Grace's Guide

British Industrial History

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John Thompson (Wolverhampton)

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1926.
1926. Superheaters.
1952.

John Thompson (Wolverhampton) Ltd for many years was both the holding company and the principal operating company of the John Thompson group of companies. By 1914 the John Thompson firm had been divided into four departments:

1922 John Thompson (Gas Developments) Ltd, Chemical Engineers. Shared directors and representatives with John Thompson (Wolverhampton), Ltd. Designers and manufacturers of complete plants for the production of hydrogen having a purity of 99.9 per cent., exclusive of air or its components, complete oil-hardening installations and electrolytic hydrogen and oxygen plants.

Late 1940s, with the introduction of John Thompson Ltd as the holding company, the Wolverhampton company became the subsidiary focussed on shell-type boilers and associated heavy equipment.

1950s advert referred to 16 subsidiary companies which included: John Thompson (Wolverhampton) Ltd which designs, manufactures, delivers, erects on prepared foundations and commissions shell boiler plant anywhere in the world. Also superheaters, economizers, pipework. Coal and ash handling plant, chimneys, various types of mechanical stokers for burning various types of fuel, special furnaces for burning wood, combustible by-products or wastes. And pressure vessels, galvanizing baths, annealing covers.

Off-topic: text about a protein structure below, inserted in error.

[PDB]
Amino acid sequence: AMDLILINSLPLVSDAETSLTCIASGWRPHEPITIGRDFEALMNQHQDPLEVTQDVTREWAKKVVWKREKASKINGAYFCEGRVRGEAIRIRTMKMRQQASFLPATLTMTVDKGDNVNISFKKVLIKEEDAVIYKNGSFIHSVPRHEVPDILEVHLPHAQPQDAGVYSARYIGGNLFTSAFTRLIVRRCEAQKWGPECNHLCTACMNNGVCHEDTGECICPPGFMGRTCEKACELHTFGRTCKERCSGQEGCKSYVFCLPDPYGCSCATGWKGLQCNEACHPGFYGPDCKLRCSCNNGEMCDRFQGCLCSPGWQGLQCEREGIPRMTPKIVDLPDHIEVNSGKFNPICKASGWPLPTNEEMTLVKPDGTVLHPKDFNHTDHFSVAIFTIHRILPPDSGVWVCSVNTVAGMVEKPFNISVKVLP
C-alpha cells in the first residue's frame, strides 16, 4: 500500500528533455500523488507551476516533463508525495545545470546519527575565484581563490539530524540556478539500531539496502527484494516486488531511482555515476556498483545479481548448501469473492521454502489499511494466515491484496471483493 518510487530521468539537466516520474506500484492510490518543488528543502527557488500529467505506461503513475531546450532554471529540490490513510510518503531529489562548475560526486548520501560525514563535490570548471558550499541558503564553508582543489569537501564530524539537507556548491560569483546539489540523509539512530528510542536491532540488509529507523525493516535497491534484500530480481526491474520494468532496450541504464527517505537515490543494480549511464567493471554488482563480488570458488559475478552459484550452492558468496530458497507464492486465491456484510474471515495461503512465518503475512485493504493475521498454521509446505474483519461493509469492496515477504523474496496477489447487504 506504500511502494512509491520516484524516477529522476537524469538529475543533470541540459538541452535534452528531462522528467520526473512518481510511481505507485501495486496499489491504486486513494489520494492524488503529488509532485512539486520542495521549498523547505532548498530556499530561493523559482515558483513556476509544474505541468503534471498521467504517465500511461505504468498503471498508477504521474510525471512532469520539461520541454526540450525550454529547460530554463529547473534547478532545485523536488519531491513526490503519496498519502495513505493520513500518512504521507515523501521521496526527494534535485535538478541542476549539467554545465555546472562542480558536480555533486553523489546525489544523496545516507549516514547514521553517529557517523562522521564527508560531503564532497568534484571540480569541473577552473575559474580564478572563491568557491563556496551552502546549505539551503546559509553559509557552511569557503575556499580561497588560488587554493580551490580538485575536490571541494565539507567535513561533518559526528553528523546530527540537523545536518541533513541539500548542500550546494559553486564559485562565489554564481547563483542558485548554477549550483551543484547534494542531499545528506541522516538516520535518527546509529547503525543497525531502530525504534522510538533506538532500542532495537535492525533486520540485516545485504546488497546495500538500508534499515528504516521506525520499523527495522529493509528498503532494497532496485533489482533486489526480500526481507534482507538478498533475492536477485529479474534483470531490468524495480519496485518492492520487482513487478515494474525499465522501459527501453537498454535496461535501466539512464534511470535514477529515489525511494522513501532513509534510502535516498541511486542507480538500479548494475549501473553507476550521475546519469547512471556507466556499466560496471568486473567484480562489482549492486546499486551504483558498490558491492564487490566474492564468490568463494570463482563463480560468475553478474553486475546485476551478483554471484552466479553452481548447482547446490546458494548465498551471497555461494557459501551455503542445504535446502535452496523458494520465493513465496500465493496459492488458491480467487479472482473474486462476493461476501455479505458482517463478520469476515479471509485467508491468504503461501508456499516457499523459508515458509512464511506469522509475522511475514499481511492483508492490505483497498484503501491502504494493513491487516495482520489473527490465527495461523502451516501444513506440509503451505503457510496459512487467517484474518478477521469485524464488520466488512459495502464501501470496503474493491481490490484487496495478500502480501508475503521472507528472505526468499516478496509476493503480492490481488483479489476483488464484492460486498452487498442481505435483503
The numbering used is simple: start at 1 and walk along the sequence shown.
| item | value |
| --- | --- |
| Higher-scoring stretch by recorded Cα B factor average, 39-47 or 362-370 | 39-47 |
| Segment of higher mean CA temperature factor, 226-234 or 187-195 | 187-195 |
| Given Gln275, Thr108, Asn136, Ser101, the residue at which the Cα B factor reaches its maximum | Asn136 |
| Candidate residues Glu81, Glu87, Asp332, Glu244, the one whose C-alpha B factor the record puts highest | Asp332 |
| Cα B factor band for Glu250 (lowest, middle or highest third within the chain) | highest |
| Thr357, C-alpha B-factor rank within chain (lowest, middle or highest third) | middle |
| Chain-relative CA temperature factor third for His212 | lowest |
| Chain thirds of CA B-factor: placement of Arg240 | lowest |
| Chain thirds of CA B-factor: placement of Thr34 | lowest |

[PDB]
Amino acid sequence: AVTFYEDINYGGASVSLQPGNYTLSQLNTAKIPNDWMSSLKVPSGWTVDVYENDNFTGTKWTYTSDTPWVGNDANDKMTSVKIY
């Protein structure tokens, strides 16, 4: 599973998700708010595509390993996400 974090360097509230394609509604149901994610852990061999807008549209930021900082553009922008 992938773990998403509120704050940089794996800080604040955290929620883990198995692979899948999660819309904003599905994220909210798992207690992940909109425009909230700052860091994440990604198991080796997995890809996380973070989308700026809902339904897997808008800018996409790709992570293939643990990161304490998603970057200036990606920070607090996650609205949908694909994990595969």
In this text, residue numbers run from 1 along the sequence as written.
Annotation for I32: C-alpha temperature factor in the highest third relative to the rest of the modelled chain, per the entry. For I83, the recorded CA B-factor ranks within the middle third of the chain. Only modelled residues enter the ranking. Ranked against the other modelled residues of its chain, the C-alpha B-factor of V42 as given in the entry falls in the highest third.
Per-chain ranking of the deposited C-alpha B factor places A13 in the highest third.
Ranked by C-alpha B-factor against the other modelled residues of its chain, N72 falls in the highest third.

1953 One of the largest makers of shell-type boilers in Europe. As well as making all types of Lancashire, economic, super-economic and vertical-type boilers, also made the heavy pressure parts, drums, etc required for water tube boilers to the specification of John Thompson Water Tube Boilers Ltd. Associated departments and companies made stokers, pulverizing plant, conveyors, boiler-house pipework, etc. Also made heavy pressure vessels for the chemical and oil refining industries, in mild steel and stainless steel. Important rearmament contracts had been undertaken for the Admiralty and other Ministries[1].

See Also

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Sources of Information

  1. The Times, 2 July 1953